When will the Pain Stop?

posted in: Stage 5, Stage 5: Step 3

Mike is a local physical therapist who is a friend of mine. He has been interested in the DOC project and, like me, has struggled with severe chronic pain. I have been helping him work through different strategies to pull out of it and he is slowly coming out of the hole. It has also given him a much different perspective on pain. A few weeks ago he wrote me this letter.

Hey David,

I was hoping I could ask you a surgery question. I know you do a lot of revisions.

There’s a guy who came to me in early 2014. He could not sit, lie down, walk or do anything to get relief from terrible pain. I referred him to a colleague who is a McKenzie certified therapist (emphasizing extension of the spine). He couldn’t help him. The guy just didn’t know how to get through the system and I think his physician handled his case, from what I can tell, poorly. He was about a month from his onset when he first came to see me and he hadn’t even had an MRI. Anyway he wound up having a two level fusion right out of the gate. Are You Kidding Me? Not a microdiscectomy; straight to fusion for an L4/5 paracentral herniation (this is a bulging disc and probably not the source of pain). A year later he’s worse off than he was before the surgery and that’s saying a lot. Video: Get it Right the First Time

His surgeon keeps turfing him back to physical therapy because he just doesn’t know what to do with him but we can’t help him.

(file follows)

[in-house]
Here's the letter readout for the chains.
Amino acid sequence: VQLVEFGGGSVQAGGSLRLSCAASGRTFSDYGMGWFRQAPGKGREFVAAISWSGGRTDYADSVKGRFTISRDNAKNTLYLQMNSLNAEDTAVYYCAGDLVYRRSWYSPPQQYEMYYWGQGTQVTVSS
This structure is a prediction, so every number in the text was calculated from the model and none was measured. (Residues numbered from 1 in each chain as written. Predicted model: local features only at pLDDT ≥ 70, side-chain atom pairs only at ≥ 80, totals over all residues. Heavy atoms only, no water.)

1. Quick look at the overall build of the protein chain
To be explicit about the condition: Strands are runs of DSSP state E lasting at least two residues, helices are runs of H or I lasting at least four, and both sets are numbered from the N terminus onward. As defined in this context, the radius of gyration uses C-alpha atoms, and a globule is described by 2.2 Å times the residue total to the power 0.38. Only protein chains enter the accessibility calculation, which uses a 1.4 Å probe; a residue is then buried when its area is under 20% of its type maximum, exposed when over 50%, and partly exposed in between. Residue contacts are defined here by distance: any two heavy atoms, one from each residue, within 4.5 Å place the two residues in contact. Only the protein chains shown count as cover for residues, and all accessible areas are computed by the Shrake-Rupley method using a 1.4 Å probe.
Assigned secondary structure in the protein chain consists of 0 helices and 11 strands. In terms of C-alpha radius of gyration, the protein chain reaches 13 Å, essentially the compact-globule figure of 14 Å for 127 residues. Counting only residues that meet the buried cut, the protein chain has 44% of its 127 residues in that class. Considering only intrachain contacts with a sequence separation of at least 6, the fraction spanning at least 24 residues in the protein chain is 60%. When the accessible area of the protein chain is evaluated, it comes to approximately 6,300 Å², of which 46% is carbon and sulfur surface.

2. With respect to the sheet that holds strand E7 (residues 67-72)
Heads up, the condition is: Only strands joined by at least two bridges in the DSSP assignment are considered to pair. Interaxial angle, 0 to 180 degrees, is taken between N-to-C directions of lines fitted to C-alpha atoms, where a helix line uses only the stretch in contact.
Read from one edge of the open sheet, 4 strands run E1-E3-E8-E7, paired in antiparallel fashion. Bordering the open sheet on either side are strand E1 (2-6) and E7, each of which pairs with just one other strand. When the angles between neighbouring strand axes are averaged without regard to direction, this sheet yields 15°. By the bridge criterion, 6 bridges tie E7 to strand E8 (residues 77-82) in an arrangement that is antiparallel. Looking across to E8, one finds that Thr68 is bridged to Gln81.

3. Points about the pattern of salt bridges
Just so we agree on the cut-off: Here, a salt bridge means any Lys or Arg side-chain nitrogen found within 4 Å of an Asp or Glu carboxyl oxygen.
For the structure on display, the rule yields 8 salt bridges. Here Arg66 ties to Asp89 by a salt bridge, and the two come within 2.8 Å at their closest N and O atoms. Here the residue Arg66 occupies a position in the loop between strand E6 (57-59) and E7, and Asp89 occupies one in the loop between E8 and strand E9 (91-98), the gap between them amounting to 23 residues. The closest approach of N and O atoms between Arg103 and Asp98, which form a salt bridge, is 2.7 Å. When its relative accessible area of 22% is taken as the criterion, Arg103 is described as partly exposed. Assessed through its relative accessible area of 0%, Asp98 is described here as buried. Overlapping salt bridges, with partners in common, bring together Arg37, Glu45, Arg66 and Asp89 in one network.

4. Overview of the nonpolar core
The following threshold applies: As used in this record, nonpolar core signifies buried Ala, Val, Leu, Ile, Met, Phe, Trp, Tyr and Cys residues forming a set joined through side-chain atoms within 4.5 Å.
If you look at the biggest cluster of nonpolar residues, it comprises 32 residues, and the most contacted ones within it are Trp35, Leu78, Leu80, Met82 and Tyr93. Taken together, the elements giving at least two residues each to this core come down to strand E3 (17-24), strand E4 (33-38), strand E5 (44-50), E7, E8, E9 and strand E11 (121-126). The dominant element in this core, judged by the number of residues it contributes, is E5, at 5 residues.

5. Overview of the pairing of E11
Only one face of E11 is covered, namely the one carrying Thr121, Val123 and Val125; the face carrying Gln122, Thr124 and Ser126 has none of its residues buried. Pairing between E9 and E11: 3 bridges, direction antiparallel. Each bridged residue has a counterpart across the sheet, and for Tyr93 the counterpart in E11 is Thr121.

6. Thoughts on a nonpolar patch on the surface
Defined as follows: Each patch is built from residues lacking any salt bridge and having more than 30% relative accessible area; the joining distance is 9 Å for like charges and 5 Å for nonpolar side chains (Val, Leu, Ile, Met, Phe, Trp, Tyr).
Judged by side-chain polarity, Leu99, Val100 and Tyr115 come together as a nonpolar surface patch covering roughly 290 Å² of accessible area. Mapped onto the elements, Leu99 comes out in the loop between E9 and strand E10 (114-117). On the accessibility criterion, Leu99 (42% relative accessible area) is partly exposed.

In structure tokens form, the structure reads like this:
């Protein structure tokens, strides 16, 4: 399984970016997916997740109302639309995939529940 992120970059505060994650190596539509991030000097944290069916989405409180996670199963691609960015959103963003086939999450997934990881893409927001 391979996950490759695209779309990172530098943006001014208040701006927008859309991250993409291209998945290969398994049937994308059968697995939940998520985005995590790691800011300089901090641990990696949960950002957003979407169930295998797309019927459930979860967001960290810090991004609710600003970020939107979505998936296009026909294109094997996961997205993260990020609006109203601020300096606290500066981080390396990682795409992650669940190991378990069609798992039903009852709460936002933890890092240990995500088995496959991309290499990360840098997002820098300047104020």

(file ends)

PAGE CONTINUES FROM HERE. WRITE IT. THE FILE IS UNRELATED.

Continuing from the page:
Other than the fact that he’s still in such bad shape how do you know when a revision is appropriate? As we know, you can always find someone willing to operate. I was talking with a patient the other day who seemed really down and when I asked her she said her daughter was going to have another back surgery. Number eleven!!! The Pit of Despair”

This guy is only 32 years old and he lives every day in terrible pain. We just don’t know what to tell him other than we can’t help him. It’s so scary. What I’m going through is a mild nuisance compared to what this guy faces every single day. And I made it to 55 before my “problems” began.

Hope you’re well. I began doing some Qigong everyday a week or so ago. I think it’s been good for my mind. Best regards, Mike



My reply

Hi Mike, The data shows that when you perform surgery in the presence of chronic pain that there is a significant chance that you can induce chronic pain at the new surgical site.(1) Of course you can also make the pain worse at the site of the pain. You already know my thoughts about spine fusions. They simply do not work for LBP. I see this scenario every week and is maybe the biggest driving force in pursuing the DOC project. He is a classic person who would respond to the tools in Back in Control, but often patients are so angry that they are not open to anything. I have learned to simply let go hopefully they are open in the future. If he would be willing to read the book AND begin the expressive writing I would be happy to talk to him. Otherwise, I have learned that my conversation is not productive. Physical therapy is helpful, but as you know, is best combined with treating the other factors that affect pain. I am personally re-engaging with the writing/ active meditation at a much higher level along with the gym and a better diet. My knees are finally turning the corner. It has been very humbling and enlightening experience. I am glad to hear you are moving forward. Let me know if I can be of some specific help. Best regards, David